Been There, Heard That: Transition From Player to Coach

One of the most common questions I am asked now that I’m finished my playing career is, “How do you like coaching and being behind the bench instead of playing?” At first it was a big learning curve, and it continually is, but as I began to settle in as a coach, it really made me see things about hockey in a an extremely different light. For one, it allowed me to be a part of the process as to how things are done and which method is best to achieve success. I now see a hockey team as a mechanism with separate moving parts that all combine to make the mechanism work.

It’s like a car. If your transmission is shot or your tires are flat, then you’re not going anywhere. Some parts just need a bit of oiling or pumping up, while other parts react better to being fired up or just need a bit of elbow grease. And just like a car, sometimes you will have parts that need to be replaced in order for it to keep running.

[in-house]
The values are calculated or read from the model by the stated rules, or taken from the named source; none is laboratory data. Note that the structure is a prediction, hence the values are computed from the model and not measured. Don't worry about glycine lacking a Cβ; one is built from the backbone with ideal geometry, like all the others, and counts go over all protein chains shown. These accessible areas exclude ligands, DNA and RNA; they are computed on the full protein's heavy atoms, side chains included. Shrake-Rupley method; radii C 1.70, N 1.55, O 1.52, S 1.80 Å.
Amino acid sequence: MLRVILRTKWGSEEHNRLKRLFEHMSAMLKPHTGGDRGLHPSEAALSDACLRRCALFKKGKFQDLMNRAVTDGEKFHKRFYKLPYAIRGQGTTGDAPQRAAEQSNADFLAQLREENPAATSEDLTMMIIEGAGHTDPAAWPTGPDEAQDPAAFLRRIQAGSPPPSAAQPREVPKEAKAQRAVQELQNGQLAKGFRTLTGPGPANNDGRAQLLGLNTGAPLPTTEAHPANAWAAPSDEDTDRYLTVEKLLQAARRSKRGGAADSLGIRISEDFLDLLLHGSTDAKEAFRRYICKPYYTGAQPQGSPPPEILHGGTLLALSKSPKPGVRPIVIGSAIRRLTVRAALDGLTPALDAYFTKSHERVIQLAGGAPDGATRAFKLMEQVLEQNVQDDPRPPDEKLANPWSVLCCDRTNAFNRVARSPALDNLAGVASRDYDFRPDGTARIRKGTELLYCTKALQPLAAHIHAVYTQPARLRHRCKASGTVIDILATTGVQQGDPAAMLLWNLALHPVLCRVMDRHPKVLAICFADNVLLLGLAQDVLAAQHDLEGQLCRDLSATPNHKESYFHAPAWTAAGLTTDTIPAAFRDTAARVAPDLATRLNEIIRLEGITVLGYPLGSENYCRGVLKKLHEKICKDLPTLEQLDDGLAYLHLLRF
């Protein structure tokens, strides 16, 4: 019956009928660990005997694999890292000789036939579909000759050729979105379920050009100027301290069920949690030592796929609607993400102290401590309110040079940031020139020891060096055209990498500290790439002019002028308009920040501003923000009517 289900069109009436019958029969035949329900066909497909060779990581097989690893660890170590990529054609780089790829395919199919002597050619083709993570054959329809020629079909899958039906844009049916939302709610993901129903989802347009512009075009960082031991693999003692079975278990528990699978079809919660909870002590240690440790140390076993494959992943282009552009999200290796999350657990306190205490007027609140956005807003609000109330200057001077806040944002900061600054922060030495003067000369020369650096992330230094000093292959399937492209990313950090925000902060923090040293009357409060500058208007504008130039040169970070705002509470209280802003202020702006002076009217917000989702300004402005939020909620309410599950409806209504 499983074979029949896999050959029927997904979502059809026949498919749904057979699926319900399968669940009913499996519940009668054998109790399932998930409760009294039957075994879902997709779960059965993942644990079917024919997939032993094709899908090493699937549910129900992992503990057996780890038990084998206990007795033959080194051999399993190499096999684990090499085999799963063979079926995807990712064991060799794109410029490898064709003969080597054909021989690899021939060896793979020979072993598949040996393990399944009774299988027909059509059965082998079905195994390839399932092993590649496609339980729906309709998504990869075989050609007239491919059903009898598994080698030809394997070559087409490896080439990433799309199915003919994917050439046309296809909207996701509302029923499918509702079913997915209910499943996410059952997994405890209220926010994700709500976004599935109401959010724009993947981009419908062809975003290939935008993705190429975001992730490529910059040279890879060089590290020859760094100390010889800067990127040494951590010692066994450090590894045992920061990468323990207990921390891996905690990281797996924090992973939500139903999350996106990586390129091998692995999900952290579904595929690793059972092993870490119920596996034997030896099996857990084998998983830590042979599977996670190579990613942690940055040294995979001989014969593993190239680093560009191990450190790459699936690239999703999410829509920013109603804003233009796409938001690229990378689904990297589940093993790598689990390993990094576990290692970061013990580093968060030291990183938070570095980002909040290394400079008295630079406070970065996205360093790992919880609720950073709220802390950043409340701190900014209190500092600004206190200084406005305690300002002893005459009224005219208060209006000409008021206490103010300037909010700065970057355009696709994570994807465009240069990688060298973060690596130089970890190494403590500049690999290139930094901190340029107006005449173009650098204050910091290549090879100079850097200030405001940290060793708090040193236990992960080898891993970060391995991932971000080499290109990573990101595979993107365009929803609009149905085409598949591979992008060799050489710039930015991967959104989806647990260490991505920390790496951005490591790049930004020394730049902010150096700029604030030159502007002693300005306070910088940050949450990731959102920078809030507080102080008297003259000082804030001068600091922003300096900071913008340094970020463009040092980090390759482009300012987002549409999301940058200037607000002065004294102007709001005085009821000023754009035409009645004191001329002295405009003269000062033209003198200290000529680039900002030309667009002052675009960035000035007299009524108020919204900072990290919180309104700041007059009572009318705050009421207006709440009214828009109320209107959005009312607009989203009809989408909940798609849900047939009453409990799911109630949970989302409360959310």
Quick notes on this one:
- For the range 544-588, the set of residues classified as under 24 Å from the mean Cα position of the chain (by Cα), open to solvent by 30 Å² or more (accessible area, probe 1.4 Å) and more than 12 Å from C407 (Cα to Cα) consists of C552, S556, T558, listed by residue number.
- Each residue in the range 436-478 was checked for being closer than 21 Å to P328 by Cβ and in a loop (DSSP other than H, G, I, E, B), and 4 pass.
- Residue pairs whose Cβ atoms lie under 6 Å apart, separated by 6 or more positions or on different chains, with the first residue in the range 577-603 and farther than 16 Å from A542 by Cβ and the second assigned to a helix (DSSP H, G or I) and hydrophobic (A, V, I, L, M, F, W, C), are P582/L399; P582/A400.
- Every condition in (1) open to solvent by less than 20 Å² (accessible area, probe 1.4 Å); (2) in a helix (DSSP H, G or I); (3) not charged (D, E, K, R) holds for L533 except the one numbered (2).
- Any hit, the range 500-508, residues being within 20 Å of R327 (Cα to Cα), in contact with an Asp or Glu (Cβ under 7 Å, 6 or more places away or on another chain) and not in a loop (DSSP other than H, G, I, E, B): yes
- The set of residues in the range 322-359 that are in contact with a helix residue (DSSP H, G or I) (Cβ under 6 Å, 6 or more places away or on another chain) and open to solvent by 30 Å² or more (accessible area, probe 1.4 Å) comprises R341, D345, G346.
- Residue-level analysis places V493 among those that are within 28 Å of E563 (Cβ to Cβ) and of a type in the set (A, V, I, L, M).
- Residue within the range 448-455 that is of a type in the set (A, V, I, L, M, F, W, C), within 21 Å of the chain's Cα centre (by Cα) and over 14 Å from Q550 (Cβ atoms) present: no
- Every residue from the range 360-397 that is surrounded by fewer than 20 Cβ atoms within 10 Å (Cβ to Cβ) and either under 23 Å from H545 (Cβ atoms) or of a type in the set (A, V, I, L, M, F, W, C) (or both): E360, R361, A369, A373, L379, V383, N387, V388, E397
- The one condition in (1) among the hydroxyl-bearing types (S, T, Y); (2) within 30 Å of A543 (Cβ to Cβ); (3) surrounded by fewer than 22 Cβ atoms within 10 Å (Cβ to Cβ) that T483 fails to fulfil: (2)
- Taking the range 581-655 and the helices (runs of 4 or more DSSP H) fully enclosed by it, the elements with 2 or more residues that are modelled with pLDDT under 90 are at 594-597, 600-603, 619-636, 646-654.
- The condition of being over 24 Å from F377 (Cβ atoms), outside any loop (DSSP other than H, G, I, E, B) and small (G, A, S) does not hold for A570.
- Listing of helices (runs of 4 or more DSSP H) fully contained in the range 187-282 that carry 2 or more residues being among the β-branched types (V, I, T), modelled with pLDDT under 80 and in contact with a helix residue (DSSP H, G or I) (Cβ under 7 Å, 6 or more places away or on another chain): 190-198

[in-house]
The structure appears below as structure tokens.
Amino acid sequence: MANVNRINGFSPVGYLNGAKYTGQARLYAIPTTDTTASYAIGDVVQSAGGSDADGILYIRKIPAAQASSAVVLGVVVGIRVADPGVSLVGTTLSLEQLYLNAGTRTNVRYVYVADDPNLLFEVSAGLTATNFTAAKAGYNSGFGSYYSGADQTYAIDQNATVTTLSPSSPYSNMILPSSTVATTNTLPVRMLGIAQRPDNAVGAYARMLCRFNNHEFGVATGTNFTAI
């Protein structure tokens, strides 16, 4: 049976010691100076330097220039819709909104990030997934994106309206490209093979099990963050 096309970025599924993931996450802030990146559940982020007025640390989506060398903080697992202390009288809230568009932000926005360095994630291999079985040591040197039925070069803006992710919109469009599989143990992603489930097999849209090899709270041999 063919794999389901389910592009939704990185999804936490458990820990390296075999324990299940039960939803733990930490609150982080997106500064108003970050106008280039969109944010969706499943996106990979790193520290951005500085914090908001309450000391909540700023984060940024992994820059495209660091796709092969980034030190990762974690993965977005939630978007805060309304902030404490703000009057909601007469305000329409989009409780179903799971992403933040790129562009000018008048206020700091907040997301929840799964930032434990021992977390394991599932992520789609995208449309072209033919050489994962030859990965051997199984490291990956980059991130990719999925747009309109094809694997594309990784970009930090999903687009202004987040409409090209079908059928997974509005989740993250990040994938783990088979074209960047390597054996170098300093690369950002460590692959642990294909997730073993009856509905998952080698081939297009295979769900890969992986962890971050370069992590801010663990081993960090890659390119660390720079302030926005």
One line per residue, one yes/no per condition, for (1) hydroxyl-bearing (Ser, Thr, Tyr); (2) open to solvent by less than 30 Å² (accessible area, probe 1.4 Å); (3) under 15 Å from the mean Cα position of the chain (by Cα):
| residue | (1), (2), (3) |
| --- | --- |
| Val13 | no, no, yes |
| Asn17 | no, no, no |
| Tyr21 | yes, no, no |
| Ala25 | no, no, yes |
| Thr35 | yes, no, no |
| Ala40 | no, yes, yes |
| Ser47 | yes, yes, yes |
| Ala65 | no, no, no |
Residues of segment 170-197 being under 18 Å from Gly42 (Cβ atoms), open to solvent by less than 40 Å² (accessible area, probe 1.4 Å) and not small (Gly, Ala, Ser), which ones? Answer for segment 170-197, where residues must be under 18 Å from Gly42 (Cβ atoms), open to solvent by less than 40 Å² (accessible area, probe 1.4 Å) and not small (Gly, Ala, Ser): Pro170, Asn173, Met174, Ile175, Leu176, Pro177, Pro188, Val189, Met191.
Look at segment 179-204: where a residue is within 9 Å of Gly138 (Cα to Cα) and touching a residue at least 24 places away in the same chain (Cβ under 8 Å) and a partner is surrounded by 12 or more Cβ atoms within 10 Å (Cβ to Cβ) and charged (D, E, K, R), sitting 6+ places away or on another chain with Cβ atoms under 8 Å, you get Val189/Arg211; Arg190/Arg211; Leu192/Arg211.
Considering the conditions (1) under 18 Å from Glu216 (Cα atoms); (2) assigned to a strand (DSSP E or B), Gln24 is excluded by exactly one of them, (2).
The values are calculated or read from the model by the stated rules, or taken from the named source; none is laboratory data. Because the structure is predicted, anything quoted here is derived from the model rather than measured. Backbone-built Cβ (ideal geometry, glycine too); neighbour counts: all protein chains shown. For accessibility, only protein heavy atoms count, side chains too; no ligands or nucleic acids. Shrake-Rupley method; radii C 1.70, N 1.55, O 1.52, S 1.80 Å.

One of the biggest debates amongst analysts is what type of coach or method is the best at getting results. I think that it depends on the situation. For one, I think the most successful coaches are those who can step back and look at a team and all its separate moving parts and figure out a way to get all of the parts working at a high level, together. Not everyone reacts to screaming or degradation (In fact I don’t know many that do) and on the flip side some players become too complacent and need a kick in the butt sometimes to get them going and keep them honest. Like I said earlier, it depends on the situation. As a player, I always found that when my confidence was high, I was able to perform at a high level. The key is keeping morale high, while instilling accountability, discipline, structure and keeping things fun all at the same time.